One of the big memes in student affairs these days is the increasing dependence of students on their parents. Sometimes, this is blamed on parents’ over-protectiveness, sometimes on students’ reluctance to grow up, but regardless, it seems a point of general agreement.
We can’t say much about long-term trends, but thanks to our regular CanEd Student Research Panel, we can provide a more nuanced portrait of these students. A few months ago, we asked panel members who lived at home about their parents’ on-going involvement in their lives. Specifically, we asked them what kinds of household activities their parents still did on their behalf. The results are shown in the figure below.
Perhaps unsurprisingly, 81% of students reported that their parents often or always shopped for their groceries, 71% of students’ parents paid their household bills and 65% had their meals cooked for them by their parents. Female students were slightly more likely than males to report that their parents conducted household chores for them, with the exception of grocery shopping, where males were more likely to rely on parents than were females. Allophones and scholarship recipients were also more likely than other types of students to report that their parents conducted household chores for them.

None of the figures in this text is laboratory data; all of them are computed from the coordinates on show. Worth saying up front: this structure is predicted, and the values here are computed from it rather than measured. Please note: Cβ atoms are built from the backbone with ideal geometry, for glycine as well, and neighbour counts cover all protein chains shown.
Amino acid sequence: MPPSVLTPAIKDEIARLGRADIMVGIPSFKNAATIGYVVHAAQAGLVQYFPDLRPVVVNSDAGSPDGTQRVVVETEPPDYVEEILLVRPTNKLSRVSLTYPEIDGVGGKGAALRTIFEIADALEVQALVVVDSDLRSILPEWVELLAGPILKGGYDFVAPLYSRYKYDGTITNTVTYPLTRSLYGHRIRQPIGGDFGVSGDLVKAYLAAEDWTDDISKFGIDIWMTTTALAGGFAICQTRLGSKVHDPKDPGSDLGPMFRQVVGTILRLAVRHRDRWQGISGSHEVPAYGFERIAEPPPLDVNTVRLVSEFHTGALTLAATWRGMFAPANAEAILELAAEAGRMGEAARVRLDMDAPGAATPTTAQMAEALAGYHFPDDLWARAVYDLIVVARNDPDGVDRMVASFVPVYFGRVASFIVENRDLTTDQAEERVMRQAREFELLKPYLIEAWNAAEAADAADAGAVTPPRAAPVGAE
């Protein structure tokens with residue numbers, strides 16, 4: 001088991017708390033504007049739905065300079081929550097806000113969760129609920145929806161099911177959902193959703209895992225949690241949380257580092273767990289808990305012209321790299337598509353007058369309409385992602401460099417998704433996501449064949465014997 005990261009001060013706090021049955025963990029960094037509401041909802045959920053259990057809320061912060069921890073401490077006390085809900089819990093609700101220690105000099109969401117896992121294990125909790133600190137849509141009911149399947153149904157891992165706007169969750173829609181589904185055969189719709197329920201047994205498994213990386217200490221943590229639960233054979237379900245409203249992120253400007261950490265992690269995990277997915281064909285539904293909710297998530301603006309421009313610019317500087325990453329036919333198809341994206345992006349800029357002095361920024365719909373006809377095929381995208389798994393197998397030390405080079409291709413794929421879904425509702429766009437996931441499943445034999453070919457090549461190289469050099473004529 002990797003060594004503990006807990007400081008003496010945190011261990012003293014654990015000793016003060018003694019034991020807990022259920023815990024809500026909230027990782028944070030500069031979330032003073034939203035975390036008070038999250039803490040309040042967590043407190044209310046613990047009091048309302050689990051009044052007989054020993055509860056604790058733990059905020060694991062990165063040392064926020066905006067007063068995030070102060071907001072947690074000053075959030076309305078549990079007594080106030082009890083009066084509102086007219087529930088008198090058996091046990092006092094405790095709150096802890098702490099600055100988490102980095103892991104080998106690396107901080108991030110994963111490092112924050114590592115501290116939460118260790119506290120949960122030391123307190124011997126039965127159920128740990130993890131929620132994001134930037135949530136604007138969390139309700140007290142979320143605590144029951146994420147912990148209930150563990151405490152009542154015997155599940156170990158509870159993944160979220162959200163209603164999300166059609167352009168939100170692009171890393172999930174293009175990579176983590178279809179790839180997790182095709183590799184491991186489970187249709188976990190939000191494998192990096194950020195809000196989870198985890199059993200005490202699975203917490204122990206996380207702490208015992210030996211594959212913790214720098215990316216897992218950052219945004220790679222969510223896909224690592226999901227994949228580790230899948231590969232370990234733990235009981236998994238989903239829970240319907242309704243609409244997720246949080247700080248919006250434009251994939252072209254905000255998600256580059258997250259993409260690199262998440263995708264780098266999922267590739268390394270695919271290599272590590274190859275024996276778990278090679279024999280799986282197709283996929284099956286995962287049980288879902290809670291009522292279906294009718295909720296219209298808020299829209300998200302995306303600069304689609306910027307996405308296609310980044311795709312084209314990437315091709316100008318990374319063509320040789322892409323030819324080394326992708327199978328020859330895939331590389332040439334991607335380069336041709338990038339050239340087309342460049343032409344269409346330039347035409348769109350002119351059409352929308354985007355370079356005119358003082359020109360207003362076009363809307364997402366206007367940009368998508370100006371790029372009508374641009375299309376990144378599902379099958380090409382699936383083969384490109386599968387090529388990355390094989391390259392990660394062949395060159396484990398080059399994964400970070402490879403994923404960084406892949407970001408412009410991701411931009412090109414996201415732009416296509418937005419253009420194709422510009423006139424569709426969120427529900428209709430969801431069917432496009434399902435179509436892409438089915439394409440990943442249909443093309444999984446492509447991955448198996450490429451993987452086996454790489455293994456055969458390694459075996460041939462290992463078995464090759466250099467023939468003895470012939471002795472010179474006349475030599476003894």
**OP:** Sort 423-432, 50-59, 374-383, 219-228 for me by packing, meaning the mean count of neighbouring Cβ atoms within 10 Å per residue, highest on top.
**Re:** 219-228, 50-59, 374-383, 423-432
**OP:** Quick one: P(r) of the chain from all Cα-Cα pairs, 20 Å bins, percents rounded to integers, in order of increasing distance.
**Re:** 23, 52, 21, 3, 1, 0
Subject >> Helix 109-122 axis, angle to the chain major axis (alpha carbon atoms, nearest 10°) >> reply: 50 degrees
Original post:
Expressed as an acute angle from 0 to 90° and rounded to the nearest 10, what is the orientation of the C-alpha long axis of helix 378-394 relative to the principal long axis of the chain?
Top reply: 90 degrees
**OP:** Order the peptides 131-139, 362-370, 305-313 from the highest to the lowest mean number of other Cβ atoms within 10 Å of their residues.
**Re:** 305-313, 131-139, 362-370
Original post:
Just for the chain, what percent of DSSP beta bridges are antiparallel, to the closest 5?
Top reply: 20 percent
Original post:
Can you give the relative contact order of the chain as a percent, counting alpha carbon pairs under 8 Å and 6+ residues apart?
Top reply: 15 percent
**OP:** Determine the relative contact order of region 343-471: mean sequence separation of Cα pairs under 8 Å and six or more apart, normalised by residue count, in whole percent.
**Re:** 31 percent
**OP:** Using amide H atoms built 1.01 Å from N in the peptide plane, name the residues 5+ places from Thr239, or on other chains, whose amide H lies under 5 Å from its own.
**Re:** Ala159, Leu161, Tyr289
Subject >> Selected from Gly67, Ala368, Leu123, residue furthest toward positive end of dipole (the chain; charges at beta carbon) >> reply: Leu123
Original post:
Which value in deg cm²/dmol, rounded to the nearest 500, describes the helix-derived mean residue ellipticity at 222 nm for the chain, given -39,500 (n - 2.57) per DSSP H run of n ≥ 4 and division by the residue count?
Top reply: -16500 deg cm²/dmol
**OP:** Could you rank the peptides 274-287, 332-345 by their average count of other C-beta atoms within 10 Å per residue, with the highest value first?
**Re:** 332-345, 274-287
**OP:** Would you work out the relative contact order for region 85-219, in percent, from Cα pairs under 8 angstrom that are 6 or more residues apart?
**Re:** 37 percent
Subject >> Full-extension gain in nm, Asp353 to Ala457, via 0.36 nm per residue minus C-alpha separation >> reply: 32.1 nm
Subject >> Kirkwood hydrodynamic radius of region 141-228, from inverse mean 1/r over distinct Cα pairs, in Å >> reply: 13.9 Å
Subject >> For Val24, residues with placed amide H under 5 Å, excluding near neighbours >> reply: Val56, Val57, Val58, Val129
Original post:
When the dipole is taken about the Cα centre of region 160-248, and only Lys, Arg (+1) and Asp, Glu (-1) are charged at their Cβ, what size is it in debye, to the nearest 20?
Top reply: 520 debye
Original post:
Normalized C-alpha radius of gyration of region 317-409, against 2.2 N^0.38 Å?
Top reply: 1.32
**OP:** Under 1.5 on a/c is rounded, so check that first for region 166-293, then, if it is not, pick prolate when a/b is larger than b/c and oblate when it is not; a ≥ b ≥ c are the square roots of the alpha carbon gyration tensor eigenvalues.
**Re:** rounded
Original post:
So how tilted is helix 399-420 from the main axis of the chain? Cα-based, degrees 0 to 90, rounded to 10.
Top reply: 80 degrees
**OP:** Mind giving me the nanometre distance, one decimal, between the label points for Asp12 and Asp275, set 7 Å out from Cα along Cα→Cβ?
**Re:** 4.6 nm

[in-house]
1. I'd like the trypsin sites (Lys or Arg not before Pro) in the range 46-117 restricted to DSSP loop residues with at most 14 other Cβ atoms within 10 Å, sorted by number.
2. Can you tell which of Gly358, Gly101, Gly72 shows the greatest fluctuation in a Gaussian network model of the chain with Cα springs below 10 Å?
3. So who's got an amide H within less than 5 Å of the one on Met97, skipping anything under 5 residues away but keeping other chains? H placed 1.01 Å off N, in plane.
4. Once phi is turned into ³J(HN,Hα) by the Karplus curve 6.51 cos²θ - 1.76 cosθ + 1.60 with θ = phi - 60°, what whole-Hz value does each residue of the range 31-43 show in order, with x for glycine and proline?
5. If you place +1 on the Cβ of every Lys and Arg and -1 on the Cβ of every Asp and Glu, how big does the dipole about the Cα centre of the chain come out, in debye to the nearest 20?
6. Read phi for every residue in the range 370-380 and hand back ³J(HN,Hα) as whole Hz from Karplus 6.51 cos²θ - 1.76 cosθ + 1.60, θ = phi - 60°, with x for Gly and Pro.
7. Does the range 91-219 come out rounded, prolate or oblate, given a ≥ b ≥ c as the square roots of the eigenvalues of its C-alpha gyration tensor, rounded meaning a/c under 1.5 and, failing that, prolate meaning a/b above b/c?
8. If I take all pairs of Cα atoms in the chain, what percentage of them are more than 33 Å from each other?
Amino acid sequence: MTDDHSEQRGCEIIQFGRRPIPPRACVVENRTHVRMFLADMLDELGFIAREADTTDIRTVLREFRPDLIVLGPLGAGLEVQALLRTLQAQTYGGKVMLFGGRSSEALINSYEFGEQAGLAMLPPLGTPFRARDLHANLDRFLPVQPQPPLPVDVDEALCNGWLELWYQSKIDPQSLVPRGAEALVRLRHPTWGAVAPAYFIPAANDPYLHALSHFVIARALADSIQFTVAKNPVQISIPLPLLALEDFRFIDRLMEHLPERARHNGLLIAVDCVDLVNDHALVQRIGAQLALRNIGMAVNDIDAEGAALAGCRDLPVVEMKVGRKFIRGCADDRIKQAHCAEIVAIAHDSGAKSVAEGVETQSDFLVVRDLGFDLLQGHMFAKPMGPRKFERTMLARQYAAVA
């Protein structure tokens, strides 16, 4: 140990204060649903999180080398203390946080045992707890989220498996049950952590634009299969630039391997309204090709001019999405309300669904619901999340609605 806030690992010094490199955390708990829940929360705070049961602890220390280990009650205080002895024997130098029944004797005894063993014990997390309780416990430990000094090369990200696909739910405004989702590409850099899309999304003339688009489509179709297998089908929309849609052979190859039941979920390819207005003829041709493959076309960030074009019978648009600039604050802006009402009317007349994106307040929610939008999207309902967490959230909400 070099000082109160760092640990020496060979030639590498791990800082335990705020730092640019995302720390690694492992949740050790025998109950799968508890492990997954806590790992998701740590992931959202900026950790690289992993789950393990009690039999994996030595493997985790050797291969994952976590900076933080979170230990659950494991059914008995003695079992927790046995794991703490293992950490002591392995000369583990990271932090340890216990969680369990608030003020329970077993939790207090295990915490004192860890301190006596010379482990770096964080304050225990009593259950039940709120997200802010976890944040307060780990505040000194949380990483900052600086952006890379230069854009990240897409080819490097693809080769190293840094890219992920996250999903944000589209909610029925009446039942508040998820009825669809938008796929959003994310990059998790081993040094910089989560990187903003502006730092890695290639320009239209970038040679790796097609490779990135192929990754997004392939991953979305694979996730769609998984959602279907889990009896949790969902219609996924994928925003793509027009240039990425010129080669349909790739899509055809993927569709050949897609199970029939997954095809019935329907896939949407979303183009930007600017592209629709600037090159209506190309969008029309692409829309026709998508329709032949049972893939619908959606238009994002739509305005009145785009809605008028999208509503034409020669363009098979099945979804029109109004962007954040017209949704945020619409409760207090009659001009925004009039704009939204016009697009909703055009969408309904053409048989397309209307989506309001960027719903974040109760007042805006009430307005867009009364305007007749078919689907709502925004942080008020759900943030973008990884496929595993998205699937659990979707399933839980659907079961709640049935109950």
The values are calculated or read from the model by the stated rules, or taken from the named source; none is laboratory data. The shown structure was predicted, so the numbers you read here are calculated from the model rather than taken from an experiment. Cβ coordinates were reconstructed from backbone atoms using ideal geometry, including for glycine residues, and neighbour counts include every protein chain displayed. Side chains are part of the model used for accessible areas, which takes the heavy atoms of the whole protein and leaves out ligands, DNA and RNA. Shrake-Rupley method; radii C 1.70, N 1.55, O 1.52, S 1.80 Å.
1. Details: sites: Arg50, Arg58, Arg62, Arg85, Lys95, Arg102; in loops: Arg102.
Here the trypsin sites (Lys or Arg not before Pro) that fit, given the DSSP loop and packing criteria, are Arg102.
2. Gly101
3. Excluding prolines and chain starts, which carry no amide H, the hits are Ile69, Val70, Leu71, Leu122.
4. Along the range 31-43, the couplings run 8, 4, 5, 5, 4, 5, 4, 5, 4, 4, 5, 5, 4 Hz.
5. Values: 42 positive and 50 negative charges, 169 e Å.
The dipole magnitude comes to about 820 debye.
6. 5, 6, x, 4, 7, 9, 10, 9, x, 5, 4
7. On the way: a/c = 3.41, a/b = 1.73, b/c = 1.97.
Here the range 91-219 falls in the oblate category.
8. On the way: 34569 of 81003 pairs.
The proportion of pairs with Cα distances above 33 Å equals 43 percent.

In the absence of historical data on this subject, we have to wonder how university students would have answered these questions five, ten and twenty years ago. Are students increasingly dependent on their parents, or are things pretty much the way they’ve always been? And if they are increasingly dependent, is that just a function of changing demographics (i.e., more students from cultures where living with parents into adulthood is more common), or a more general phenomenon of delayed adulthood?
Let us know what you think.
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